When you first met your future spouse, you thought that their quiet nature and quirky ways were cute. In fact, you enjoyed being in a relationship with someone who was not a carbon copy of every partner with whom you had shared prior relationships.
But somewhere between the day you eloped and said your “I do’s” and now, those once-endearing quirks became quite exasperating. After the kids were born, your spouse’s inability to follow through on plans and show up on time for appointments was maddening. The worst part was that you got nowhere trying to communicate your frustration because they just shut down and entered their inner world.
Welcome to divorce with a neuro-atypical spouse
Now, perhaps more than ever before, your spouse’s non-neurotypical behavior patterns, actions and thought processes will present themselves as significant barriers to a civil divorce and friendly co-parenting relationship. In fact, these divorces are generally considered to be some of the most high-conflict cases possible.
Perception is not reality
When all the neurons in your brain are firing correctly, you can’t understand why your spouse on the spectrum repeatedly violates your boundaries. But they may be desperately trying to figure out what you are thinking or feeling when they hack into your email or listen in on your phone calls. The same neurological obstacles that prevent them from understanding why co-workers are upset with their brusque tones or laugh together in the breakroom prevent them from discerning the nature of your unhappiness with the marriage.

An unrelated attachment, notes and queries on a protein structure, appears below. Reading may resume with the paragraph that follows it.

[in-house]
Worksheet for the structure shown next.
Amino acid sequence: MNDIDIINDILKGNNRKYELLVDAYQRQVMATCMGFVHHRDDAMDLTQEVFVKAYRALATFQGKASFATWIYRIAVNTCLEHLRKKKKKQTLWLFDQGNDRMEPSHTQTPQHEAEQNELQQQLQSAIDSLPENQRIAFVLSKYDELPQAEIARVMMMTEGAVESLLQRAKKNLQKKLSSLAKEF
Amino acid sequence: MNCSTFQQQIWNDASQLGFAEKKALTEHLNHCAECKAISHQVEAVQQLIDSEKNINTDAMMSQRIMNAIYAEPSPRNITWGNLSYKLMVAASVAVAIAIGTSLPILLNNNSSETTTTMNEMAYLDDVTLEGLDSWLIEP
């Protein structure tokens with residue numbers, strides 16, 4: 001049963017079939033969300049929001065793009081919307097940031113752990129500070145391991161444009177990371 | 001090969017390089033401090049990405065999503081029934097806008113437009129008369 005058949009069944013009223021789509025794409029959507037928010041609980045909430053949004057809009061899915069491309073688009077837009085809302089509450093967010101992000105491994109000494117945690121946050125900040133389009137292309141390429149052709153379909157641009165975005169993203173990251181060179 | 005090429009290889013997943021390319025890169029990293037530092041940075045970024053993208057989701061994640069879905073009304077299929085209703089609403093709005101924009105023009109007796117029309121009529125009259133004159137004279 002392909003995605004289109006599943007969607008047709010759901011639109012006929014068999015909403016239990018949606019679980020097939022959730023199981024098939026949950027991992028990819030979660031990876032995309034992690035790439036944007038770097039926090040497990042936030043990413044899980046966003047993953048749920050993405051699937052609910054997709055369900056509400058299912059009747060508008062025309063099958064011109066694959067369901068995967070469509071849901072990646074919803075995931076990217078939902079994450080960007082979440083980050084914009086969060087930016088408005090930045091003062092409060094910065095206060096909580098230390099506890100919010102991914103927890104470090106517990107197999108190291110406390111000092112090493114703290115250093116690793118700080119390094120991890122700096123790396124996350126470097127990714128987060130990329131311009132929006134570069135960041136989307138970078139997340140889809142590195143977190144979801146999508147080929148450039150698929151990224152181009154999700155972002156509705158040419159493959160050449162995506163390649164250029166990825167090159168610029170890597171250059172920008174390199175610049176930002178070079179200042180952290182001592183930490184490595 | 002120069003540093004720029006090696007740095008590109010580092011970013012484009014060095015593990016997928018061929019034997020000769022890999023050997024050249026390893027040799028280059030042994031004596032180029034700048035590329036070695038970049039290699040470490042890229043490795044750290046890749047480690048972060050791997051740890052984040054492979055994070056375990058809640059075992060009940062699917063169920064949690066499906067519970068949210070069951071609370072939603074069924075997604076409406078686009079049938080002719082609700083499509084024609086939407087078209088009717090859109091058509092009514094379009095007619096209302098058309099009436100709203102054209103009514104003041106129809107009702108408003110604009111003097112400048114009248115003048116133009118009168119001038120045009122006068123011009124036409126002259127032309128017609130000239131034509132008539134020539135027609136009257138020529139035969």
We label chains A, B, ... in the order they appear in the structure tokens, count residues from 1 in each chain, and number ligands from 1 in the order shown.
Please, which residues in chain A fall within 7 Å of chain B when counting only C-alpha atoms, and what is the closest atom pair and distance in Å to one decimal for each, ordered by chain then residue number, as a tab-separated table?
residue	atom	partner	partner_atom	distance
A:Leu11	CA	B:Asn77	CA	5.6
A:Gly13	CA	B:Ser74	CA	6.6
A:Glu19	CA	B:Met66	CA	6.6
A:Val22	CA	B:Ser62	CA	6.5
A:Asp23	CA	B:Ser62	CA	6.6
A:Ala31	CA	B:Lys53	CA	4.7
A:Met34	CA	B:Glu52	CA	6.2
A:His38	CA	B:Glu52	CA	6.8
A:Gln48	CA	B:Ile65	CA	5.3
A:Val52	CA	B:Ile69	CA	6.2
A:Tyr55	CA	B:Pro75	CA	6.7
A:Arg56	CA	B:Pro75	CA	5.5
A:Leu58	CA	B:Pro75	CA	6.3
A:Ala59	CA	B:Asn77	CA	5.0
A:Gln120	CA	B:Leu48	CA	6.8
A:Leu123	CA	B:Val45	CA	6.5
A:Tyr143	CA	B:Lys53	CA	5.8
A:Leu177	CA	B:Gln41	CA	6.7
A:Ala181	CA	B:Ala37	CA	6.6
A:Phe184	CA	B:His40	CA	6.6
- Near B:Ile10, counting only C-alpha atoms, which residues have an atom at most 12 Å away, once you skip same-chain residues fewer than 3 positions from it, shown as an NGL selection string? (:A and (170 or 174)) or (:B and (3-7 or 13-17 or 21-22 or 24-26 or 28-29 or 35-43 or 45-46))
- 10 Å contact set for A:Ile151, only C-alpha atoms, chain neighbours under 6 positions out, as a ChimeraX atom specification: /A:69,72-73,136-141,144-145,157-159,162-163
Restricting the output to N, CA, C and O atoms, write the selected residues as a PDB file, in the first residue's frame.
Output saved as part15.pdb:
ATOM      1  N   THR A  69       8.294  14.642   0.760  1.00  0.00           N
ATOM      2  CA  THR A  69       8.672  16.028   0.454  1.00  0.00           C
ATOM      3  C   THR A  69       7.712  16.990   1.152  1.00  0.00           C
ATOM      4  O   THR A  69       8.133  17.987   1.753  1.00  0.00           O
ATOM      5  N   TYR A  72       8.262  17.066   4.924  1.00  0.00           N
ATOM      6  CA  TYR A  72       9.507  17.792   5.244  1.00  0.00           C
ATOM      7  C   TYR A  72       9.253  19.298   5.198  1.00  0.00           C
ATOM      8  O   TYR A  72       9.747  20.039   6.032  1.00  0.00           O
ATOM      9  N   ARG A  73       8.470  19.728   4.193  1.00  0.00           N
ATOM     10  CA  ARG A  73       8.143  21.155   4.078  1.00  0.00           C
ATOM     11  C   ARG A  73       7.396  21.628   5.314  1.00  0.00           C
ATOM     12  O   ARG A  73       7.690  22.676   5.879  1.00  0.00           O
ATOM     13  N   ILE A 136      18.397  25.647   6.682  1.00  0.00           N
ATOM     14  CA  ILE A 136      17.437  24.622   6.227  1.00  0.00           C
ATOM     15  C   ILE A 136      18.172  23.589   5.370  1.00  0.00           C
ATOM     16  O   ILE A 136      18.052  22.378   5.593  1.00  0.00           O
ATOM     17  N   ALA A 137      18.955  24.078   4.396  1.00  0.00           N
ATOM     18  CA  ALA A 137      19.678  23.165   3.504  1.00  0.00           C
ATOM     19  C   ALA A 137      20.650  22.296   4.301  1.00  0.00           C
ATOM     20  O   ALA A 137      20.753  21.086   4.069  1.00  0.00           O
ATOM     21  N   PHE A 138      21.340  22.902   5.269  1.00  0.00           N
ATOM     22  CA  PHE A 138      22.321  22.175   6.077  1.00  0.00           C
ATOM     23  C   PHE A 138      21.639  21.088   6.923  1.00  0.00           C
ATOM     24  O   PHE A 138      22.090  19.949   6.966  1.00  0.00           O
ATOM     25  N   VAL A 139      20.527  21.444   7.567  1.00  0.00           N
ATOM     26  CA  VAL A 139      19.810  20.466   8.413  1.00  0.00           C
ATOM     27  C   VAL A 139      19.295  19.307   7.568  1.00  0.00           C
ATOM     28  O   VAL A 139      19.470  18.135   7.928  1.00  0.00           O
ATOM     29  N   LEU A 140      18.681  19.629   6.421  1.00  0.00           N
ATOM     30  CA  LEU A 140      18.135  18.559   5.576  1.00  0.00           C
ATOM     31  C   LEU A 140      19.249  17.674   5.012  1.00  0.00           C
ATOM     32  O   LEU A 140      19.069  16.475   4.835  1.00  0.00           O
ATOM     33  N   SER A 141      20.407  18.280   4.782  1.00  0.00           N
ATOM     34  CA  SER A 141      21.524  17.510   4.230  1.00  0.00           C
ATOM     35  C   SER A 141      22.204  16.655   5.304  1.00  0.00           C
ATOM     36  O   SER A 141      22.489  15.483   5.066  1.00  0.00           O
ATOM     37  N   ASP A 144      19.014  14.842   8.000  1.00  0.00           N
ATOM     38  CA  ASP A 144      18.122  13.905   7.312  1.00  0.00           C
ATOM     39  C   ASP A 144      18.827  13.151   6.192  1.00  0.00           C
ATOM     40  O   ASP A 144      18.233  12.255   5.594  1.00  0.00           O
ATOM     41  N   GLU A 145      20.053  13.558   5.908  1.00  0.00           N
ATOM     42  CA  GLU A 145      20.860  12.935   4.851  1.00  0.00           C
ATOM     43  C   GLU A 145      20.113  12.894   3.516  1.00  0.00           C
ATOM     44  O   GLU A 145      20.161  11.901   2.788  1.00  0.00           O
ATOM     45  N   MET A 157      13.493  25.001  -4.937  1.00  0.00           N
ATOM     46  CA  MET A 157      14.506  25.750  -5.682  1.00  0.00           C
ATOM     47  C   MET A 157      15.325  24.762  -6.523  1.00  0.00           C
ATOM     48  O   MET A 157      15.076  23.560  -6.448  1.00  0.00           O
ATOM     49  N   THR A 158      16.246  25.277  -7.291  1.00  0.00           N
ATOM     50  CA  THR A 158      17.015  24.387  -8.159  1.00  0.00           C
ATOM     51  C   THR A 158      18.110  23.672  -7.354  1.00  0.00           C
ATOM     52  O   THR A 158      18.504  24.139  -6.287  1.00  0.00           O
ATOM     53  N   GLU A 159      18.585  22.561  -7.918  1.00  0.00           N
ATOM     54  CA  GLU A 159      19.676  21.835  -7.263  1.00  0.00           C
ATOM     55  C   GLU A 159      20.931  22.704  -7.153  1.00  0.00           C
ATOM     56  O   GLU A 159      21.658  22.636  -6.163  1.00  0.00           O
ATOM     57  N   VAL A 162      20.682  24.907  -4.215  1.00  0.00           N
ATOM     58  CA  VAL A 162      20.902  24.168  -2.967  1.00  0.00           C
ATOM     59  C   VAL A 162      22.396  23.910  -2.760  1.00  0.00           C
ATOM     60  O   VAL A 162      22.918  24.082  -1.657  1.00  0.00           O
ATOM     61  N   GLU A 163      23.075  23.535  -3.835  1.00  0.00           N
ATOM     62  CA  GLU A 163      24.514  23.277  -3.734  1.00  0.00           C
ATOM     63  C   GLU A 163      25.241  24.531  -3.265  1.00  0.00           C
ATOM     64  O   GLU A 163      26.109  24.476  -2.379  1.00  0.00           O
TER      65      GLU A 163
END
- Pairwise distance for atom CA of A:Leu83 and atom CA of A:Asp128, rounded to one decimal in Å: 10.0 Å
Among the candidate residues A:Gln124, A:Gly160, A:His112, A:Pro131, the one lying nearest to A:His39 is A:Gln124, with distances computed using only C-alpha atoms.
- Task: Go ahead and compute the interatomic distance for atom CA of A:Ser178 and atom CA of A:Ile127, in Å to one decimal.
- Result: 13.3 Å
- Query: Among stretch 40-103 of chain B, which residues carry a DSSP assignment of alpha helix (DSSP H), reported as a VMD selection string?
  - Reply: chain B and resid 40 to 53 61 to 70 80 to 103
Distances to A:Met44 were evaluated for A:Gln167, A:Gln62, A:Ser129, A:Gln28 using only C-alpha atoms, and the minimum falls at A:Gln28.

Learn to accommodate their condition in divorce
While their disability can’t be used to force you to remain together with them, it does mean that you may need to realign your co-parenting expectations for the sake of the children. In particularly serious cases, the spouse on the spectrum may need to turn to their mental health professional for tips on achieving the best possible post-divorce co-parenting relationship.